All Eyes On The Voters

For those working in local government, it is sometimes hard to
remember that this is a prime minister who worries about the impact
of his policies and the apparent failure of voters to notice it. In
social care there has seldom been a dull moment under the onslaught
of targets, service restructuring and reform, and the determination
of government to put service users centre stage. Yet, with a
general election probable in four months’ time, the pace of change
is unlikely to slow down.

The ministerial reshuffle that followed David Blunkett’s departure
before Christmas saw three significant moves: Charles Clarke, now
home secretary, took charge of youth justice and asylum; Ruth
Kelly, who rose from the Treasury to become education secretary, is
well placed to oversee the chancellor’s pre-budget report pledge of
massive investment in child care; while David Miliband’s transfer
to the Cabinet Office to work with Alan Milburn on election
strategy reinforces the promise of a thoroughly Blairite

Speculation that Clarke will ease up on the social conservatism of
his predecessor’s asylum and youth justice policies is likely to
prove unfounded in a year when populist appeal to the electorate is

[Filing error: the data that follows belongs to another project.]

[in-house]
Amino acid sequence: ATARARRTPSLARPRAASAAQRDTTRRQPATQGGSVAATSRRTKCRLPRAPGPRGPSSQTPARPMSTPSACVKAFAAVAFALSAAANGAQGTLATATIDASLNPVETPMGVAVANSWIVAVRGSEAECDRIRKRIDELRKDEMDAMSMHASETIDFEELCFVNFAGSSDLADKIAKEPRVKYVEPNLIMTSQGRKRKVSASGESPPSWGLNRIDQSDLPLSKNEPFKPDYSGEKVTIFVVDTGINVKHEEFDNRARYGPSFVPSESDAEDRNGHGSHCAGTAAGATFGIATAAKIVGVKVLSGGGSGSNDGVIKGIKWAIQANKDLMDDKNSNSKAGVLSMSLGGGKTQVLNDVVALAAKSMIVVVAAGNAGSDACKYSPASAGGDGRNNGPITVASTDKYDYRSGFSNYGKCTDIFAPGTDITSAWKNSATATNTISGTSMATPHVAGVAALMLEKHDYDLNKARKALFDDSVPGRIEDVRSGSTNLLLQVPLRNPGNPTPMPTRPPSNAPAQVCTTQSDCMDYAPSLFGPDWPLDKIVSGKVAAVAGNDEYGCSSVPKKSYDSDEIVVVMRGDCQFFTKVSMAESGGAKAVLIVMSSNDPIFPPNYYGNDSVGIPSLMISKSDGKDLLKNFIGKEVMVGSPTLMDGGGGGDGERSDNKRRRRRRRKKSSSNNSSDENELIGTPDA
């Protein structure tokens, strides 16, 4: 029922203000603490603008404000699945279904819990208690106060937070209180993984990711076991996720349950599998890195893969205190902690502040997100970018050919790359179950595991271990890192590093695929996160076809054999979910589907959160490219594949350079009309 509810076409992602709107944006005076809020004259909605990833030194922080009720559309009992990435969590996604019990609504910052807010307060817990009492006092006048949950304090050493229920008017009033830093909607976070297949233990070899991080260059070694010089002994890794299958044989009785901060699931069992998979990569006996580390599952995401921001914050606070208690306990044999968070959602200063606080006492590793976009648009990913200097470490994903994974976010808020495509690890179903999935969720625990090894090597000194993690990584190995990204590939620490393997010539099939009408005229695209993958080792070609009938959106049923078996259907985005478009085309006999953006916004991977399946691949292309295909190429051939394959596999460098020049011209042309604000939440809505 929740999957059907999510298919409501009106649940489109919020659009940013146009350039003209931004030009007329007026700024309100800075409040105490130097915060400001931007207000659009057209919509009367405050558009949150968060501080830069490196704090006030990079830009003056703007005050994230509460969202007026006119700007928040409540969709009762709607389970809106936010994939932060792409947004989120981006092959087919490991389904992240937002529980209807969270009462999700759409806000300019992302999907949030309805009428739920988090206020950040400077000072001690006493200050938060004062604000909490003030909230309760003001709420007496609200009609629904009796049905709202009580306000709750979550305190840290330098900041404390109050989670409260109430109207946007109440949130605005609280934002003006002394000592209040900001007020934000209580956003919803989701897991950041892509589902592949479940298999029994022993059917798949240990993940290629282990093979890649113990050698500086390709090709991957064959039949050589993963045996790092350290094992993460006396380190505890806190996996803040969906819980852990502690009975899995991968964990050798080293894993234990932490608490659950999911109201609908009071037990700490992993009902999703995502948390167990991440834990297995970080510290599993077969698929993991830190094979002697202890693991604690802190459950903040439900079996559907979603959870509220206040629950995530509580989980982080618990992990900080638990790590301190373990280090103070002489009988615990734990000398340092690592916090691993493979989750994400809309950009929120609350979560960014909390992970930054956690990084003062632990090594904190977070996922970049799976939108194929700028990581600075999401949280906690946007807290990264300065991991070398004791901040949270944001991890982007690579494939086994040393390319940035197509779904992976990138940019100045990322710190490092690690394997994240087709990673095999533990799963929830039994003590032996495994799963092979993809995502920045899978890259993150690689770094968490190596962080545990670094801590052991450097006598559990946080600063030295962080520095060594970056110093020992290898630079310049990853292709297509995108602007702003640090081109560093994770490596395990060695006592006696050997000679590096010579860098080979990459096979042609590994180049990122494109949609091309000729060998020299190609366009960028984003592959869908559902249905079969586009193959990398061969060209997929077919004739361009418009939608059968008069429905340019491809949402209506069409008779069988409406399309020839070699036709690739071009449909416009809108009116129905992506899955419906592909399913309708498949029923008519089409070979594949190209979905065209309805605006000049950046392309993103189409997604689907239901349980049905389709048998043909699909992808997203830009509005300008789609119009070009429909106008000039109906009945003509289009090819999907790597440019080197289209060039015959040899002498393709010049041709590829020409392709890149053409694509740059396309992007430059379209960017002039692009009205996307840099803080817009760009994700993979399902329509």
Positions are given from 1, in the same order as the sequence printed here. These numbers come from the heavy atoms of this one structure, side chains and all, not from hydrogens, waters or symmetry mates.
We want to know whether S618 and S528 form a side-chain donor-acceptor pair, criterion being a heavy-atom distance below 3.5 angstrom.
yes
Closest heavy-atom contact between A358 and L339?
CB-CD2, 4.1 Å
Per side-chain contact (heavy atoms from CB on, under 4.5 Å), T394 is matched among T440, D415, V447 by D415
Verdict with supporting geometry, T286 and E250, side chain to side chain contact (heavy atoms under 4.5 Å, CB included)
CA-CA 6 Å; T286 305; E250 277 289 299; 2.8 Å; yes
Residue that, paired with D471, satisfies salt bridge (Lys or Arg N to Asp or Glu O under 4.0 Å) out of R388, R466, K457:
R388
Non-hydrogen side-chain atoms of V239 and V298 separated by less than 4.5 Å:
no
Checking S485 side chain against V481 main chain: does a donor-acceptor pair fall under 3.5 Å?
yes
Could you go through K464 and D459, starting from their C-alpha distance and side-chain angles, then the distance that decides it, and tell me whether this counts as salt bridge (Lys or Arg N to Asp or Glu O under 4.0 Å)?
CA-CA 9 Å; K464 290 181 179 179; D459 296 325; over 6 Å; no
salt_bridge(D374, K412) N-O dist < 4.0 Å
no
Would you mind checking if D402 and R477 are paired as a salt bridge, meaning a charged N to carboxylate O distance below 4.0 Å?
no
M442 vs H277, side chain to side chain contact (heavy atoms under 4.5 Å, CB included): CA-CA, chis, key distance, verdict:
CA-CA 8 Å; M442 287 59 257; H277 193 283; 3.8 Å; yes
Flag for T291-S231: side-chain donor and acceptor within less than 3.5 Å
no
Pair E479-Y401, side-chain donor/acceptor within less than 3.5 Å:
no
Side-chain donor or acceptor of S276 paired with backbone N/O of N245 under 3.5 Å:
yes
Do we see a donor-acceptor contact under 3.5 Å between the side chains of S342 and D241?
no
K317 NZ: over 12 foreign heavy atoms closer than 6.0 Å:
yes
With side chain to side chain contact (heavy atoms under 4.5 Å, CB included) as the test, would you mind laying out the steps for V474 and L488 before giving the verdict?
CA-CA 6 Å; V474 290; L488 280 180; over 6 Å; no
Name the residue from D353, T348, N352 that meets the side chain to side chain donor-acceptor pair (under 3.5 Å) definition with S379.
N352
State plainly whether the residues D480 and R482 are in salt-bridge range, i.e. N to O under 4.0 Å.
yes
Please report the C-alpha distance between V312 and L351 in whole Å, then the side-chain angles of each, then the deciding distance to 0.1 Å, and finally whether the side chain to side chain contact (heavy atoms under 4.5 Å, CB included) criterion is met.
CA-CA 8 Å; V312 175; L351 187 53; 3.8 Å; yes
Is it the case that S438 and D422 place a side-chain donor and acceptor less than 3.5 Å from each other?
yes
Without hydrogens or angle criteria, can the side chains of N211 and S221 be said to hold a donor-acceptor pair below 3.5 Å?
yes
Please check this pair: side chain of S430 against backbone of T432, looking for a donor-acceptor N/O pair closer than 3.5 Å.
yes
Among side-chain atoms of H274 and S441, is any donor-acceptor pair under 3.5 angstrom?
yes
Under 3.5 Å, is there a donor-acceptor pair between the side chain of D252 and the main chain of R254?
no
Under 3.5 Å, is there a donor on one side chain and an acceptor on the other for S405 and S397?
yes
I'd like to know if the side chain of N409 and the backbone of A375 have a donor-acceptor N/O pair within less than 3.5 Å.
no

at a premium. The need to reform the asylum system and a prison
service where the number of suicides has shot up once again will
concentrate his mind, but with the Conservatives desperate to
outflank him on both issues there are unlikely to be any major

In the plus column, Gordon Brown’s talk of a “progressive
consensus” between government and people suggests that ministers
are becoming less shy about advertising their redistributionist
credentials. Ruth Kelly, an ally of Brown and Blair, will ensure
that the child care strategy remains focused on tackling poverty,
while she and her cabinet colleagues will be freer to push forward
on income inequality and social mobility. In the meantime, Milburn
will seek greater involvement of the voluntary and private sectors
in the delivery of services and the creation of choice.

All this on top of possibly more local government restructuring, a
mooted merger of the Commission for Social Care Inspection and the
Healthcare Commission, and implementation of the Freedom of
Information Act 2000.

There will be no shortage of radical policies in the coming year.

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